In addition, the Martian cloud-jellies are credible aliens – floating clusters or swarms of living particles that are capable of forming formidable hive minds (a forerunner of the neural network idea, perhaps.) Their long and bitter fight for dominance over the Second Men seems all too realistic – neither side being completely victorious – and resembles the “arms race” type of constant evolutionary struggle (e.g., between plants and insects.)
There’s also, it has to be said, some rather strange science. In around AD 5000, the people of the First World State rely completely on coal for their energy, and relapse into complete barbarism once it runs out, being curiously unable to come up with any viable new energy source. About 100,000 years later, the Patagonian civilisation is wiped out by an atomic explosion which creates a runaway global cataclysm (silly, maybe, but this was a genuine fear in the days of the Manhattan Project.) And roughly 400,000 years after that, the Fifth Men have to decamp to Venus, as the orbit of Earth’s Moon has become dangerously low – due to the effect of thought radiation from humanity’s advanced minds.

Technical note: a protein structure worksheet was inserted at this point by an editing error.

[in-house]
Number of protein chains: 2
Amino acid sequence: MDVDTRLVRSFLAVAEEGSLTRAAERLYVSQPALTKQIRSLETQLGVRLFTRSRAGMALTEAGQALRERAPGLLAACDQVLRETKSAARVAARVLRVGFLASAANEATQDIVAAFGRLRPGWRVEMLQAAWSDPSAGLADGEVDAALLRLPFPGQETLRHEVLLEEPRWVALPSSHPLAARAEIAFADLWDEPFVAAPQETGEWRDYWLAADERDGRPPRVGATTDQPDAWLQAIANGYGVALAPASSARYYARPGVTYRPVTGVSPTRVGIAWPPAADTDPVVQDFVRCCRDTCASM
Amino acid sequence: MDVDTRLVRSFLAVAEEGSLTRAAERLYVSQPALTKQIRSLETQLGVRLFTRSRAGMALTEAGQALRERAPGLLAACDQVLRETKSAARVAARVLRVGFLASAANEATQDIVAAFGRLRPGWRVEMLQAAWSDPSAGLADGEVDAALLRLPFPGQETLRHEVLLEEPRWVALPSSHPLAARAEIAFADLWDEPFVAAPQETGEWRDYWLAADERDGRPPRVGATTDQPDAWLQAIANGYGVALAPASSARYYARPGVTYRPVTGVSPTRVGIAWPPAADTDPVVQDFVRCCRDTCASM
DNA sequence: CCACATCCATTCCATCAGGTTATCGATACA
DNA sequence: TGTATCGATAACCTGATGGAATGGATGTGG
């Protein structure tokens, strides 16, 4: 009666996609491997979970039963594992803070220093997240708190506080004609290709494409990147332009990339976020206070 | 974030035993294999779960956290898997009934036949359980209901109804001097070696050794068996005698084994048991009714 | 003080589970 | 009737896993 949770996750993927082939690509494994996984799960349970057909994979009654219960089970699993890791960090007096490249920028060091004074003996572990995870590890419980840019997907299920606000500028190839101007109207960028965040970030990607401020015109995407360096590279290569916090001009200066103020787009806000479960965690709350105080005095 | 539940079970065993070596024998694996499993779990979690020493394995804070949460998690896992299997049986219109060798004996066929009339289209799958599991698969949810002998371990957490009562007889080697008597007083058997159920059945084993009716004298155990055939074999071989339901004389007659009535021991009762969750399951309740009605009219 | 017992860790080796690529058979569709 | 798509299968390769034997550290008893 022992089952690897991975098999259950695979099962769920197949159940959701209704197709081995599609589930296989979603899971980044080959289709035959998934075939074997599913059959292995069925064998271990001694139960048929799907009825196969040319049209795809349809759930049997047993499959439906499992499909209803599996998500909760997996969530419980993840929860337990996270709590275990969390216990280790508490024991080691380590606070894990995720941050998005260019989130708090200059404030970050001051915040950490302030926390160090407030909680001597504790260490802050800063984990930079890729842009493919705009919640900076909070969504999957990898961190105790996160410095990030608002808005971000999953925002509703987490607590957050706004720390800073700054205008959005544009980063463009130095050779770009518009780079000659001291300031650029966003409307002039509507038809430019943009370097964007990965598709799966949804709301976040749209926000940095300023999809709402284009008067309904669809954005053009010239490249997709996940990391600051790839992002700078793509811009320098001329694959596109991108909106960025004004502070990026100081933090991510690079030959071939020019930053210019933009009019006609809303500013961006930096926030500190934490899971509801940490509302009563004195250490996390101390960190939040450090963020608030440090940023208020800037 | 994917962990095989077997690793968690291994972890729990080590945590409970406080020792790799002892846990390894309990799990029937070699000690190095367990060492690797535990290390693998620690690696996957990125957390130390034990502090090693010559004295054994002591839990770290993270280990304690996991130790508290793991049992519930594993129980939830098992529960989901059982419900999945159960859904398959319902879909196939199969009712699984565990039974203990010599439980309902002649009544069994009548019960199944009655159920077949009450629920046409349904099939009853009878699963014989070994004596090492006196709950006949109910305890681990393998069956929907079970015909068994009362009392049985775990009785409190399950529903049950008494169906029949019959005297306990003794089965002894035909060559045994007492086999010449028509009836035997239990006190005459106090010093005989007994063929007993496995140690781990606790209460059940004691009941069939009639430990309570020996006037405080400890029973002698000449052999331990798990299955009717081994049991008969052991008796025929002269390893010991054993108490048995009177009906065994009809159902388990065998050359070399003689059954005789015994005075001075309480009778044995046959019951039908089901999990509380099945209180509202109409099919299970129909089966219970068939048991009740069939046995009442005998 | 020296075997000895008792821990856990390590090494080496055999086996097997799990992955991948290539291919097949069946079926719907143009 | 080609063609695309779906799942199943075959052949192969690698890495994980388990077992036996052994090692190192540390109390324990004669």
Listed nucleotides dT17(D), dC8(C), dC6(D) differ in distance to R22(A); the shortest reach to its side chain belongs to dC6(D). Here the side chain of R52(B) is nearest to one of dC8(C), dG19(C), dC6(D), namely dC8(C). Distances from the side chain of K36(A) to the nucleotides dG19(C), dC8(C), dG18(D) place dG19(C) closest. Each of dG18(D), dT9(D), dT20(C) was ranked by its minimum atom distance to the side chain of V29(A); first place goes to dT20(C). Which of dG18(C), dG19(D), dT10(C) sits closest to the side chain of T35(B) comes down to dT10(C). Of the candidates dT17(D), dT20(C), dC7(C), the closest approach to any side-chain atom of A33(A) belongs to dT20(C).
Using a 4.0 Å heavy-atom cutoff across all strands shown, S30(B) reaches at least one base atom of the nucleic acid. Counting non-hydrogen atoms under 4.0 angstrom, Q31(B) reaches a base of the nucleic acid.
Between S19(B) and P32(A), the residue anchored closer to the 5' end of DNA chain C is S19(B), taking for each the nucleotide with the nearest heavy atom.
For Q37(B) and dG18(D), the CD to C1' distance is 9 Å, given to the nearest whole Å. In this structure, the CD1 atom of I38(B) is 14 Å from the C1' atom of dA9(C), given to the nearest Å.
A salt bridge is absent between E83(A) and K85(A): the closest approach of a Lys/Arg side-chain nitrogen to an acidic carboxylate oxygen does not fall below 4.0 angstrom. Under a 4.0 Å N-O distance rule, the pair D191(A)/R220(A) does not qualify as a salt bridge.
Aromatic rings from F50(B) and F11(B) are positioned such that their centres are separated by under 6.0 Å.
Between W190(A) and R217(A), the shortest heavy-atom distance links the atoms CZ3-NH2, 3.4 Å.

And there is also some equally odd future history and psychology. One choice moment that had me scratching my head in puzzlement comes early on in Last and First Men, when representatives of the two superpowers – a decadent Chinaman and a puritanical American – meet on a remote Pacific island to decide the future of the world, only to both fall in love with a mysterious young female native who emerges, as if by magic, to play an unaccountably crucial part in the proceedings. This struck me as being decidedly wacky (although, goodness knows, equally wacky things happen in this reality too.)